Social Security Basics are important to know as we approach retirement. When to take Social Security is a difficult decision that most Americans will have to make. In Part 1 of our Social Security Series, Kim Scott, FSA’s Director of Financial Planning, explains the basic rules of Social Security.
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Social Security Basics Transcript
Welcome to Technical Tuesday with Financial Services Advisory. My name is Kim Scott and I’m your host today. Today we’re going to talk about the basic rules of Social Security: first, when to file.
Social security basics: filing early (age 62 – before full retirement age)
There are three ages we would like to highlight for when to file. The first being age 62, which generally is the earliest which you can file. But one thing to note, is that if you do [file at age 62], you’re going to take a reduced benefit. And keep in mind this is a reduced benefit for the rest of your lifetime.
So how much is it reduced? Well it’s reduced by a fraction of a percentage for every month that you file early. So let’s say, for example, your Full Retirement Age is 67, but you decide to file at age 62. Now you’re filing sixty months early, which essentially would be a 30% reduction, and again a 30% reduction for the rest of your life.
Another thing to keep in mind, is that if you file early, before your Full Retirement Age, and you also continue to work, your benefits could be reduced. If you’re working and it’s any of the years prior to your full retirement year age, then your benefits could be reduced up to $1 for every $2 you earn above an annual limit.
The year you turn your Full Retirement Age, that actually changes to a reduction of $1 for every $3 you earn above that same limit. For example, let’s say your Full Retirement Age is 67, and you’re currently 65. Let’s also say that the annual limit is $14,000, and you’re currently earning $28,000. So you’re $14,000 above the annual earning limit.
So in this case, your Social Security benefit is reduced by $1 for every $2 you’re earning above. So in this case a $7,000 reduction in your annual Social Security benefit.
Social security basics: filing at full retirement age
The second time frame or age to highlight is your Full Retirement Age. Now I already mentioned it several times in this video, but what is your Full Retirement Age? The IRS defines it based on the year in which you were born.
If you were born before 1954, your Full Retirement Age is 66. And if you were born in 1960 or after, your Full Retirement Age is 67. Anywhere between those years, your Full Retirement Age is somewhere between age 66 and 67.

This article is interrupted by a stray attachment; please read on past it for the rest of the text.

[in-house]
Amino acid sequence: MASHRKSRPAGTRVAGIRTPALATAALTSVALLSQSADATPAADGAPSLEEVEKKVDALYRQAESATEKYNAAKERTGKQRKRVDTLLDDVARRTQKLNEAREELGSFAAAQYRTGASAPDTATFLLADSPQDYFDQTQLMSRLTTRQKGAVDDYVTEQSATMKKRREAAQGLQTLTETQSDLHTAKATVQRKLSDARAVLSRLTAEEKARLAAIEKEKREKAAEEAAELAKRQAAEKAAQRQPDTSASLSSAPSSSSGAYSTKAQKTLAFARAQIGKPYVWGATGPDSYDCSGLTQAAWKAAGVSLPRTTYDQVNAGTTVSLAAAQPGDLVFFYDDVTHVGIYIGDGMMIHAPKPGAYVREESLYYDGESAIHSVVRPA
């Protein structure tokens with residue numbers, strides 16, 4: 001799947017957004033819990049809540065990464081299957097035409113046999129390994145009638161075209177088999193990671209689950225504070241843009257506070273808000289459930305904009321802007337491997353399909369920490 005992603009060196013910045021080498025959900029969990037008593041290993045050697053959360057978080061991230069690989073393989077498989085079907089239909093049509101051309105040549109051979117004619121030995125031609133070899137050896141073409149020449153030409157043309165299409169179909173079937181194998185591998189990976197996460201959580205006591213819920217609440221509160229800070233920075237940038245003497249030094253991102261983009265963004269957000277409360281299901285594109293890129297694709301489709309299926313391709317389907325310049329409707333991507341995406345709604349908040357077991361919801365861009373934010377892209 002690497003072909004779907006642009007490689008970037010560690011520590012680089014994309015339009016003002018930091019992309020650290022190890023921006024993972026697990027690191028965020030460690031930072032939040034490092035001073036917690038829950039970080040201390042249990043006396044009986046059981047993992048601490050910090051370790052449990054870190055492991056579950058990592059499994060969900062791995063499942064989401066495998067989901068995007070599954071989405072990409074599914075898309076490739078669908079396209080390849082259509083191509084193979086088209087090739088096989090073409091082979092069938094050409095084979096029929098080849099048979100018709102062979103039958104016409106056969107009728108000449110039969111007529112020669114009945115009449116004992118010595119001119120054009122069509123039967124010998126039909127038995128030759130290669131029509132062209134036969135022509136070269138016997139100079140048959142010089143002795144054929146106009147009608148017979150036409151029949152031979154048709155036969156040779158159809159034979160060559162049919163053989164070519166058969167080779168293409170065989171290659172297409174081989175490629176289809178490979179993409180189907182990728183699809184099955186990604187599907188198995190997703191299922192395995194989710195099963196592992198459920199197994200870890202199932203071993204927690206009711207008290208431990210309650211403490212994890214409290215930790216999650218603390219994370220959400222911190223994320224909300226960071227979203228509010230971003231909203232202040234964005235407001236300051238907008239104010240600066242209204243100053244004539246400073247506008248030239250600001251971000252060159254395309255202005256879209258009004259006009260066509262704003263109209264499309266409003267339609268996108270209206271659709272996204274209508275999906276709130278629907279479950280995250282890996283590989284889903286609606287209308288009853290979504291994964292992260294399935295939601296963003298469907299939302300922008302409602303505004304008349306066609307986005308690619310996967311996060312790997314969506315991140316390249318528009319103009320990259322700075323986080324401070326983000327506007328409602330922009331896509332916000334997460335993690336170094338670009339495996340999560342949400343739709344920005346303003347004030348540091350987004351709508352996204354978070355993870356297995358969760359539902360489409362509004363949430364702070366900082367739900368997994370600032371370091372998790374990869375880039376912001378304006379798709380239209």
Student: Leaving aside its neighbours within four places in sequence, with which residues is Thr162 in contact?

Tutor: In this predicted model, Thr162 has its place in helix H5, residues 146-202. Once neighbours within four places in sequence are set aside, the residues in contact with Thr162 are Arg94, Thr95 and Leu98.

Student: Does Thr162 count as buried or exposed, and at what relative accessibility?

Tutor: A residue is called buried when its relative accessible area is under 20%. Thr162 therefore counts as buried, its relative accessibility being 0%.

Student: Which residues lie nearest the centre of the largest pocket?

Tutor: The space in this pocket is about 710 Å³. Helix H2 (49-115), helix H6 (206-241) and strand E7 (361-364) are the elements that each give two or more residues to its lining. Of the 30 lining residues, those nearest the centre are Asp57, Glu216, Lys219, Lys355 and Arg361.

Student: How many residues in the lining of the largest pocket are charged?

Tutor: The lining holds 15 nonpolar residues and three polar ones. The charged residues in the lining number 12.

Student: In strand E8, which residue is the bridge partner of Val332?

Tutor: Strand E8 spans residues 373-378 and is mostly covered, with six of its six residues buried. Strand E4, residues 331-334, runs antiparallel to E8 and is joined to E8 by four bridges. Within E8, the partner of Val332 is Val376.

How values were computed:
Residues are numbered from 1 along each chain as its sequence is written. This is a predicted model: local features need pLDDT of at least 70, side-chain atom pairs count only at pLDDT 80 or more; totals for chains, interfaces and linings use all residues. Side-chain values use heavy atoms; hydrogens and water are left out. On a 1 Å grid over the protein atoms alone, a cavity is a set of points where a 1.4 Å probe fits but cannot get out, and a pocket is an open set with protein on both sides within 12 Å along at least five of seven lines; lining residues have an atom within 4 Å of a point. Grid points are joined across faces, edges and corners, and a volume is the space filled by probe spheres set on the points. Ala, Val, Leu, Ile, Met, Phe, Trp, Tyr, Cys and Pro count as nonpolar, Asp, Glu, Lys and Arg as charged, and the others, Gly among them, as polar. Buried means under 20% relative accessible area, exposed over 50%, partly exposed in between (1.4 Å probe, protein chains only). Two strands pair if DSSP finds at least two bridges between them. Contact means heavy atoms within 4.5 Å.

The main thing to note with your Full Retirement Age is that at that point your benefits are no longer reduced. You get your full retirement benefit. And also it doesn’t matter if you continue working and earning income. Your benefits will not be reduced because of it.
Social security basics: filing after full retirement age – age 70
Now the third age range to highlight is between your Full Retirement Age and age 70. So between those two points, for every year that you wait and delay taking your retirement benefit, your benefit grows by 8% per year.
Now similarly to taking it early, if you delay taking it, that increase is increased for the rest of your lifetime. And if you delay all the way to age 70, you maximize your benefit. And there’s really not a benefit to waiting beyond age 70, since the benefits stops growing at that point.
Now let me give you an example of if you were to delay. Let’s say your Full Retirement Age is 67, and your full retirement benefit is $2,000 a month. But if you wait to age 70, that benefit increases to $2,480 a month. That’s an increase of almost $500 a month, again, for the rest of your lifetime.
One thing to keep in mind, is that if you receive a pension based on work not covered by Social Security, then that could impact your Social Security benefits.
Social security basics: when should i file?
Now when it comes to when to file and how to maximize your Social Security benefit, it really depends on a few things. First, your life expectancy and your family’s general health history. It also depends on your specific situation – whether you’re single, married, divorced, or widowed.
If you have any questions based on your specific situation, feel free to give us a call or email us. For now, I’m Kim Scott and this has been Technical Tuesday!
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